However, beyond this world of skinny British men and queer fanfiction, another Tumblr phenomenon has emerged from its artistic depths.
Styles changed. What summed up the Y2K and McBling eras dishonored the formative years of the 2010s. Twee girls and bohemian hipsters drifted away from their older sisters, and fashion became an identifier of the space you belong in, especially on the Internet.
Nowadays, it is better known as the Cult of Aesthetics.
Pinterest already had its monster grip on moodboards, but it was the community-building aspect of Tumblr that gave these aesthetics their cult following. In 2014, ‘grunge’ photography depicting street art, graffiti, Polaroids of youth groups and song lyrics against gridded backgrounds set the blueprint for the ‘grunge aesthetic’.
It was a different flavor of ’90s grunge. Female influences such as Lana Del Rey and Melanie Martinez launched a “sad girl” nuance into the movement, grabbing teenage girls from all corners of the internet. Breaking away from its nirvana and sludge-y roots, Tumblr grunge manifested an ethereal and tragic twist in its revival. Fishnet tights, leather jackets, converses, scarves and ripped jeans or skater skirts compiled the classic head-to-toe black ensemble – however, it was not uncommon in 2016 to also adopt pastel elements.
The grunge aesthetic has been a driving factor in the evolution of the internet aesthetic that surrounds us today. Additionally, the mid-2010s marked the eventual rise of 80s and 90s nostalgia, with Tumblr Grunge diverging into pastel grunge and even vaporwave-grunge – Vaporwave being a niche genre of music and art that satirized pop culture of the 80s and 90s. Deeper into the 2010s, indie bands such as Blossoms, The Garden and MacDemaco capitalized on this jangle poppish and shoegazing trend and became icons of the music scene independent.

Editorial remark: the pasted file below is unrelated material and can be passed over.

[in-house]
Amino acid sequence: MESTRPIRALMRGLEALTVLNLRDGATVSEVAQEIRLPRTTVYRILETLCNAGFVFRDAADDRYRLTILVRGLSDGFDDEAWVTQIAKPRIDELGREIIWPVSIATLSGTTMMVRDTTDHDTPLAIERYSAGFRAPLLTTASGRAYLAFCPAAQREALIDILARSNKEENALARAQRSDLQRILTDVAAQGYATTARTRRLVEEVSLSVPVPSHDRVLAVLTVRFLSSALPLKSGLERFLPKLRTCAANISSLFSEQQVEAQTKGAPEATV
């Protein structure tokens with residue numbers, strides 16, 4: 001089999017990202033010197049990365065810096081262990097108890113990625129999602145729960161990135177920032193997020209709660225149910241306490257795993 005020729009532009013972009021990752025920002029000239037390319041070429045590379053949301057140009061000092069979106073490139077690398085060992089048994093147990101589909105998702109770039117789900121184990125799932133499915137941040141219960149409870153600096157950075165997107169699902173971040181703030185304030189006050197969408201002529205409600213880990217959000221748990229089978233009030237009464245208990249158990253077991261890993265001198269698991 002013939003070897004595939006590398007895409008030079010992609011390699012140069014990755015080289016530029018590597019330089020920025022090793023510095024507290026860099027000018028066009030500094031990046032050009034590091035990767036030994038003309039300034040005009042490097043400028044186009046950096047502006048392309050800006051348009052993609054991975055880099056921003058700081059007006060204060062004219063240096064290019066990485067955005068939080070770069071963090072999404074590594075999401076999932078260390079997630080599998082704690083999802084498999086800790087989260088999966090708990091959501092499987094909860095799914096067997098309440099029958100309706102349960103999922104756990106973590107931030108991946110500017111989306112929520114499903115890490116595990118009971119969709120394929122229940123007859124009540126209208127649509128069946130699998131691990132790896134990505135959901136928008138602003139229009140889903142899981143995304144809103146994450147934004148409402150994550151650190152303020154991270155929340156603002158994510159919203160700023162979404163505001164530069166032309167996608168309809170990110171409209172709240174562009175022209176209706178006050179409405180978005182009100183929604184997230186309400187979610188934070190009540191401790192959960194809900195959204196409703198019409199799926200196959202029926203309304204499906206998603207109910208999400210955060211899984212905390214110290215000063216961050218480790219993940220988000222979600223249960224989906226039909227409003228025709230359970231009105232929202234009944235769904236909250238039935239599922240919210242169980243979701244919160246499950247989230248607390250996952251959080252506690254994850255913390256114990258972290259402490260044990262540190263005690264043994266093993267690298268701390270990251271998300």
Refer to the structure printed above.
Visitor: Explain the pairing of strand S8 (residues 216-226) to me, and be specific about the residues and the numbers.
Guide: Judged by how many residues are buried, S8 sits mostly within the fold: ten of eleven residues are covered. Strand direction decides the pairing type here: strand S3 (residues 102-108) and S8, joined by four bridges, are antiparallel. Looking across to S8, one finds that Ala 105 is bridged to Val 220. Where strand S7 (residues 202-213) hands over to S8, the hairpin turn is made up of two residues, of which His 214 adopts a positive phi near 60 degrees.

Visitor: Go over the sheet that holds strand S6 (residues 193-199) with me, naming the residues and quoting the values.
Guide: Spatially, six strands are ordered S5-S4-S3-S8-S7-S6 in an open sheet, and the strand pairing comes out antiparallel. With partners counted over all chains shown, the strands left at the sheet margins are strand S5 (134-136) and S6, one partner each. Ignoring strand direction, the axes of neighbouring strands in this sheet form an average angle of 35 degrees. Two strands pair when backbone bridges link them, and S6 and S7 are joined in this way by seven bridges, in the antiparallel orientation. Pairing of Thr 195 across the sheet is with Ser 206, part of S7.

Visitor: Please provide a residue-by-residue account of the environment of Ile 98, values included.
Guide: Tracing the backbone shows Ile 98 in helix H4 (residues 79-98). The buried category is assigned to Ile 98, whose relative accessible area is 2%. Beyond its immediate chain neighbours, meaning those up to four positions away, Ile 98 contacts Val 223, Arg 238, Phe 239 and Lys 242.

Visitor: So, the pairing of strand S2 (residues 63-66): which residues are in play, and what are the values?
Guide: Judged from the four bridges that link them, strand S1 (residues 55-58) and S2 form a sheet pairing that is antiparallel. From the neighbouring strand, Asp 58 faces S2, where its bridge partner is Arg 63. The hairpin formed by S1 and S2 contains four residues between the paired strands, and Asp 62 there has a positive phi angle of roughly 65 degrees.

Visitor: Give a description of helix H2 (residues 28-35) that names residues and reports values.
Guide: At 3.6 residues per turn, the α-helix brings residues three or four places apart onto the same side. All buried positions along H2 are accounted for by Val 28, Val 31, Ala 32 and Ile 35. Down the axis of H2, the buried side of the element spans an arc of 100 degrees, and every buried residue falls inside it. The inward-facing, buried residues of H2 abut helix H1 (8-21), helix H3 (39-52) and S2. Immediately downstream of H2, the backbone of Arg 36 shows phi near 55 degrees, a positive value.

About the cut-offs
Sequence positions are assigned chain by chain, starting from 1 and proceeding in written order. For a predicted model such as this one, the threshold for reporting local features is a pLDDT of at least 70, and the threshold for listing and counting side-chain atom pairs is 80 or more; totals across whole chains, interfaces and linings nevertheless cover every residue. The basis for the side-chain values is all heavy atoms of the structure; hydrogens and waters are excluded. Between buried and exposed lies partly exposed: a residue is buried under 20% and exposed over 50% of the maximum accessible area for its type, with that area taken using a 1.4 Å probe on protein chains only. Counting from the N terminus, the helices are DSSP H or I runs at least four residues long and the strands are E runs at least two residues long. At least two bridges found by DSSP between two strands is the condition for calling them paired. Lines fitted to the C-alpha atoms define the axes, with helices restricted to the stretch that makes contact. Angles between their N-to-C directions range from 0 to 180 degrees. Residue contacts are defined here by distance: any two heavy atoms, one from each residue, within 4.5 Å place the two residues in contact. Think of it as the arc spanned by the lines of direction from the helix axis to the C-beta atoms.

With the indie aesthetic reigning supreme over those with alternative interests, it was the prime soup for TikTok’s burgeoning subcultures. Cottagecore and Dark Academia would see themselves become popular hashtags on Tumblr, while E-kids drew inspiration from 2010s grunge fashion, alternative styles and Japanese makeup trends to showcase their new looks.
Younger generations have looked at these hashtags, mood boards and photographs around the importance of aesthetics and the individual, and created whole movements out of them. A brave new world could be encapsulated in a photo, phone background, or selfie. These aesthetics shared something in common: a dreamy and nostalgic longing; aspirational while simultaneously being an example of a “simpler moment”. When I see the aesthetic phenomena of the 2010s, I see young people searching for themselves, differentiating the individual within the online subculture from others, imagining a reality more quaint than their sunny bedrooms and long days of ‘school.
In the last article, I will examine how the covid pandemic has encouraged the shortening of trend cycles and the effect of the fashion industry on the environment. Microtrends have been covered somewhat in the commentator community; My goal is to explore how we can heal from this consumerist mindset and keep the environment in mind in our purchasing choices. I’m not a fan of blaming the individual for the ills of the industry – however, what Marie Kondo taught a generation about possessions and waste will always go some way towards mitigating the results.